The IGH Leadership Program cohort is building paper airplanes. Fourteen leaders in the homelessness sector from eight countries have split into three teams and they’re arguing over aerodynamics.
Paper planes seem so simple, don’t they? Take one sheet of paper, fold a few times, and voilà: flight. But anyone who has ever taken aim at the sky knows that takeoff rarely goes as planned. Sometimes the wind is too strong; sometimes the nose is too heavy; sometimes the airplane falls apart along the folds.
Of course, the history of flight is a history of falling. A history of changing track and trying again to reach new heights. Sometimes incremental changes–a new fold here, a different flick of the wrist–is enough to illuminate the whole system in a way that leads to a breakthrough. Sometimes it takes a lot of experimenting, failing, and re-calibrating to find the blueprint that works.
Flight Test 1: Experimentation
“Ours looks like a blimp,” says Isabel Lacalle, from Santiago, Chile. Her team has eschewed sleek aerodynamics in favor of weight and force. It’s not pretty, but it gets the job done. The two other teams have built their planes in a more traditional fashion, folding to a point and then anchoring the rear with paperclips.
The task at this point is to go from planning to testing as soon as feasible by adopting a mindset known as a Bias Toward Action. We won’t know how long the planes will go until we put them to the test.
After each flight test, they will be given 5 minutes to experiment with a new design. Then they will go back to the starting point and take off again, hoping for an improved flight process and a longer landing. Ask anyone in the homelessness sector and they will tell you that change often happens in the form of small experiments that eventually lead to a breakthrough.
Drew Marshall from ExperiencePoint argues that there’s nothing wrong that kind of constant innovation. “We’re asked to do incremental innovation every day,” he says. “It’s an important part of any work.”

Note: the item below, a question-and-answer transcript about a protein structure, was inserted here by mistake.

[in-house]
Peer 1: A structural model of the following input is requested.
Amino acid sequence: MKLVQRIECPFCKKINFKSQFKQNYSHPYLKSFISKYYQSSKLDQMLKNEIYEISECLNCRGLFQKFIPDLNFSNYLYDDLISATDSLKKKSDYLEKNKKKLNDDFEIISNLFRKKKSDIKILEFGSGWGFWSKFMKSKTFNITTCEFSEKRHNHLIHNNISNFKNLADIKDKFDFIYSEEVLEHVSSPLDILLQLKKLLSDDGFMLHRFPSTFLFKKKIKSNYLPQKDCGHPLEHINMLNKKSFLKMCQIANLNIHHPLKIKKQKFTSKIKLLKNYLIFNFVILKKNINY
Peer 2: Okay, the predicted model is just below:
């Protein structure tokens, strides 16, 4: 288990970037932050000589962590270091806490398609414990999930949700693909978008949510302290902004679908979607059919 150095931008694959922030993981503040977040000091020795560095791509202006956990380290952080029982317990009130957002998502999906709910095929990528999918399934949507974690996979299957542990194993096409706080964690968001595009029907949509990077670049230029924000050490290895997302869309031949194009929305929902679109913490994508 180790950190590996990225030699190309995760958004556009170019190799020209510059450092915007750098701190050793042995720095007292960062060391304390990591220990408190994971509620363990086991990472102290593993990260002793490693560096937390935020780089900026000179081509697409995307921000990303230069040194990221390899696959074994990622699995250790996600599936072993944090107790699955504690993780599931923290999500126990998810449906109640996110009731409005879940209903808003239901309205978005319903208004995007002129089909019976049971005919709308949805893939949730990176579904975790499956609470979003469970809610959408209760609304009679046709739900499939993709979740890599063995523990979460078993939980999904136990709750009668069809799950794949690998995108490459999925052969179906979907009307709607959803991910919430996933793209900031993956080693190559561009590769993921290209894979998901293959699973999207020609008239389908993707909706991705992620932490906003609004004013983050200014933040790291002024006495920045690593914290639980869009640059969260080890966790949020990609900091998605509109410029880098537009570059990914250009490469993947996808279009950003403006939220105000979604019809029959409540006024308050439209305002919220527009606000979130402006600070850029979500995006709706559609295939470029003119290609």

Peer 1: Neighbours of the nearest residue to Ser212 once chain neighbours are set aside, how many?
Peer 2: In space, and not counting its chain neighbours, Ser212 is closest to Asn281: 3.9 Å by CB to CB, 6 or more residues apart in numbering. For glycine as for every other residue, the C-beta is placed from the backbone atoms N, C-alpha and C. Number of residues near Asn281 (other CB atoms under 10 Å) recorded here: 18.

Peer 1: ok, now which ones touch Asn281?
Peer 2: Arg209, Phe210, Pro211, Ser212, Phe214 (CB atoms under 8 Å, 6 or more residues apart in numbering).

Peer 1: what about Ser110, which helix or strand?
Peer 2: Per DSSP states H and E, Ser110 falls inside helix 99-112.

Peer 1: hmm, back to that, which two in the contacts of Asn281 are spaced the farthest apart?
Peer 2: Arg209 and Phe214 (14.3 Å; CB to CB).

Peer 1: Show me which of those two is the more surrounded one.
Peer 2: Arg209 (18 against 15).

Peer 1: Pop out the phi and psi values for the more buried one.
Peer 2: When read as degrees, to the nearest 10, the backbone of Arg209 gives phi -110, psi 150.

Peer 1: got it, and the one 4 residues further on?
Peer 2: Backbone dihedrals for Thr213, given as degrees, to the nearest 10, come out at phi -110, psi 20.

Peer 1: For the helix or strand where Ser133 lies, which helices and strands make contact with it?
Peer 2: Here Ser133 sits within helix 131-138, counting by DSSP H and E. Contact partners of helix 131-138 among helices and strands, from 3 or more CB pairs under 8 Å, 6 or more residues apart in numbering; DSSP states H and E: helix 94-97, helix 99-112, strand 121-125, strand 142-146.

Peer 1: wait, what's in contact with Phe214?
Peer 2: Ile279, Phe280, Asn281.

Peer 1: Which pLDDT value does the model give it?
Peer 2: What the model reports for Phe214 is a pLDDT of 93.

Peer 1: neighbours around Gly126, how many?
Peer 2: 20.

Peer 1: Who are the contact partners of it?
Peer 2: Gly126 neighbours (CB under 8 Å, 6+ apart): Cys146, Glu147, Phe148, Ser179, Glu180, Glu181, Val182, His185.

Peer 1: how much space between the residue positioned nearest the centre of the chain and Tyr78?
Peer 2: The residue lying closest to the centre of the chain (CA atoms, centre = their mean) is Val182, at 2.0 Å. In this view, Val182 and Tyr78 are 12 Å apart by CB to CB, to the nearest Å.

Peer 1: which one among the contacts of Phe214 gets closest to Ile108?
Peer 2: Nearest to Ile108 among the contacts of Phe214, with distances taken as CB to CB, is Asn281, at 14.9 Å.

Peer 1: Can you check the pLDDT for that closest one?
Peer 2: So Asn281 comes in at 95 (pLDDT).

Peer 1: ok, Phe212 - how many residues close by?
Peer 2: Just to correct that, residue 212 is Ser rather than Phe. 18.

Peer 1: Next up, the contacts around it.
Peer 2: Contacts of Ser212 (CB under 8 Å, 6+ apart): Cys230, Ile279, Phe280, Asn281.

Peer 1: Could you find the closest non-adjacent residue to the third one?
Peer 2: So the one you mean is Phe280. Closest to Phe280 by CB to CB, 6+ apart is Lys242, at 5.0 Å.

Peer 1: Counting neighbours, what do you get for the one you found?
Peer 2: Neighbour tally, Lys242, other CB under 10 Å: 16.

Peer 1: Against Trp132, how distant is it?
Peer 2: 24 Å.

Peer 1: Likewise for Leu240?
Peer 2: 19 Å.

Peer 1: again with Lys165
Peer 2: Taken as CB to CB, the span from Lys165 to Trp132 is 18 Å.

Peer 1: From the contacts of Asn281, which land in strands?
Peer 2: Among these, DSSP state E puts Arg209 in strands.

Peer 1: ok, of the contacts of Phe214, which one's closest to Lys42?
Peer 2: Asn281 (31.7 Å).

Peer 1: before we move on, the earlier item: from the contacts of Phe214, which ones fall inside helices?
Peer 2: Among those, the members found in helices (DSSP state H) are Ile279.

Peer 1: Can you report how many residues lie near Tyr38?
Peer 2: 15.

As IGH co-founder Mark McGreevy explains on the first day of the convening, “Change is about resilience. It’s about taking the long view. It’s about pressing on.”
The history of flight is a history of learning from failure. As Community Solutions facilitator Paul Howard puts it: “Don’t just accept that you’re going to make mistakes; embrace it. Use mistakes as opportunities to learn and improve by adopting a mindset of ‘Failing Forward’.”
Flight Test 2: Failing Forward
Team 2 needs more clips, more tape, and some scissors. Their plane only flew an additional half a foot during the previous trial, and this is their last opportunity. Perhaps clips can weigh down the rear of the plane; cutting slits in the wings may help the aircraft catch the breeze from the air conditioning.
“What’s a surefire way to improve our problem-solving and ingenuity?” asks Garen Nigon of Community Solutions. “Cultivate a growth mindset.”
A growth mindset acknowledges that where we are today is not a permanent state, and we can always change and improve. This helps leaders and organizations face failure with the understanding that you learn more from failure than from success. An issue as complex as homelessness requires a lot of on-the-go learning; there are no set answers that will work in 100% of cases. If you fold a piece of paper the right way, it will fly every time. Housing strategies have to allow for flexibility around each individual, and that kind of flexibility requires a particular kind of agility.